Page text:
During his international career as Lied accompanist and chamber musician he was partner of leading Lied singers and leading instrumentalists.
He studied conducting with Wilfried Boettcher in Basel. Master classes with Leonard Bernstein and Sergiu Celibidache completed his studies.
He was chief conductor of the symphony orchestra Dornach/Switzerland. His career began in Italy where he became first maestro and artistic vice director. Later he spent a long time in South Korea as director of the Masan Symphony Orchestra and guest conductor of the Seoul Philharmonic Orchestra. In Finland he got in touch with the contemporary music scene and took up several works in his repertoire. He conducted “Aida” on the Opera Festival of Savonlinna and gave master classes of Lied and chamber music. He regularly worked with finnish orchestras. He also was guest conductor of the Budapest philhamronic orchestra and of the Opera Budapest.
In 1991 a recording of the 9th symphony of Bruckner was published with the Budapest Philharmonic Orchestra (ODE 764-2 www.ondine.fi ) which became the best sold version of this work in the USA in that year (and the best sold classical CD at all in August).
From 1990 to 1994 he was general music director in Freiberg/germany. As guest conductor he worked in other theaters, like in Darmstadt with “Falstaff” of Giuseppe Verdi. The success of his CD produced him invitations in the USA as in Portland, Pittsburgh, Philadelphia and New York.
Jany Renz heißt der Dirigent, der das Kunststück fertiggebracht hat, das Orchester zu einer so mitreissenden Leistung zu führen. Es gelang ihm eine packende Wiedergabe von Dvoráks Symphonie “Aus der Neuen Welt”, emphatisch, spontan, vital und dennoch präzise, beherrscht und kontrolliert, von hohem Ernst und starkem interpretatorischem Willen.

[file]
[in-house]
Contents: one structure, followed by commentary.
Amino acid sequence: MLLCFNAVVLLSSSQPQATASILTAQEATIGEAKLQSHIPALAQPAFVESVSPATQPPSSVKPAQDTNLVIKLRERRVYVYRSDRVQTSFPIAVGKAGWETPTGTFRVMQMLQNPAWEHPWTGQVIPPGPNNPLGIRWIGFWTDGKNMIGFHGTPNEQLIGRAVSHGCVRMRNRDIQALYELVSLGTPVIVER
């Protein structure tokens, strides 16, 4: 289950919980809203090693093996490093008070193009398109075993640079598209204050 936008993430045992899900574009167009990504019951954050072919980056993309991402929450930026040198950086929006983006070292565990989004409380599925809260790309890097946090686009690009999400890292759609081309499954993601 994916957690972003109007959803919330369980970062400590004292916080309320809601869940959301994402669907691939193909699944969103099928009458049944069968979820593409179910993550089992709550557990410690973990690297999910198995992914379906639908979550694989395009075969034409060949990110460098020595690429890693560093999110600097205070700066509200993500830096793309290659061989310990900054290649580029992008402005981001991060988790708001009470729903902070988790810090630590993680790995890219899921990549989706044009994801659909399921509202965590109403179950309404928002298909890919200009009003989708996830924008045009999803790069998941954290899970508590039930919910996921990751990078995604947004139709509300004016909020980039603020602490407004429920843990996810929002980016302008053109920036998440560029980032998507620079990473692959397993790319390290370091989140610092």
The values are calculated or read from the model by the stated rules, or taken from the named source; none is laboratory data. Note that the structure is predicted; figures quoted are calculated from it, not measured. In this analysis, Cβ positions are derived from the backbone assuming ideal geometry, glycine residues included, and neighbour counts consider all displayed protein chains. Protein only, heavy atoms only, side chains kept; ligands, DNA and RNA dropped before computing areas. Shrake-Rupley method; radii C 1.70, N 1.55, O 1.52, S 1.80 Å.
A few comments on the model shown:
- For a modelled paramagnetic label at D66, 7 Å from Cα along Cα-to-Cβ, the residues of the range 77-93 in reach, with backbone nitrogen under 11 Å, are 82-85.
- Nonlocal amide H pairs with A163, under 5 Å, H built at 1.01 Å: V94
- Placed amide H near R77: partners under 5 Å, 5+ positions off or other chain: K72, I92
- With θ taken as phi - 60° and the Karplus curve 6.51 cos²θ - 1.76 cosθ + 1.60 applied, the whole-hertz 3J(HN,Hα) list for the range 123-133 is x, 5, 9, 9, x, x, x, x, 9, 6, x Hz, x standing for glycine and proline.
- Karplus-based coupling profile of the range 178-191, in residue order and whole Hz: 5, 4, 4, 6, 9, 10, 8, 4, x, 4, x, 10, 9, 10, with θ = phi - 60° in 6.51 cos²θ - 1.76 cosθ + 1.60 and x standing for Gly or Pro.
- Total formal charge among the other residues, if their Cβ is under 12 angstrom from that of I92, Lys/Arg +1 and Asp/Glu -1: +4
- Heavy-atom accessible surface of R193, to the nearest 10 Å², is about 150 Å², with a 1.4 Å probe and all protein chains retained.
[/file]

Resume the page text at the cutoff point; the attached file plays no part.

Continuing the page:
(Basler Zeitung, Switzerland)
In Mozart´s last piano concerto KV 595, Jany Renz figured not only as soloist but also as conductor. In this he performed a double task which has sometimes proved too exacting for many othe rinternational celebrities. But with the swiss Jany Renz it was a sheer joy to hear and see. His sovereign virtuosity and natural zest in playing did not stand in the way of a Mozart performance marked by the lucidity and delicacy of chamber music and crowned by a slow movement that was touchingly beautiful in its humility and unworldliness.
(Portland Press Herald, USA)
With a clear and quite unassuming baton, and with a punctilious constancy of tempo, Jany Renz gave a performance of convincing unity, lending an abundance of sound and dynamics to the strictly maintained great lines while shaping them with a lot of fince nuances, in which the orchestra followed him with astonishing precision and remarkable culture of sound.
(The New York Times, USA)
Jany Renz´s creative impulse, which found compelling expression in the extreme prescicion of baton technique, afforded him ideal scope with the orchestra and Anton Bruckner´s “Seventh” received an overpowering performance.
(Pittsburgh Press, USA)
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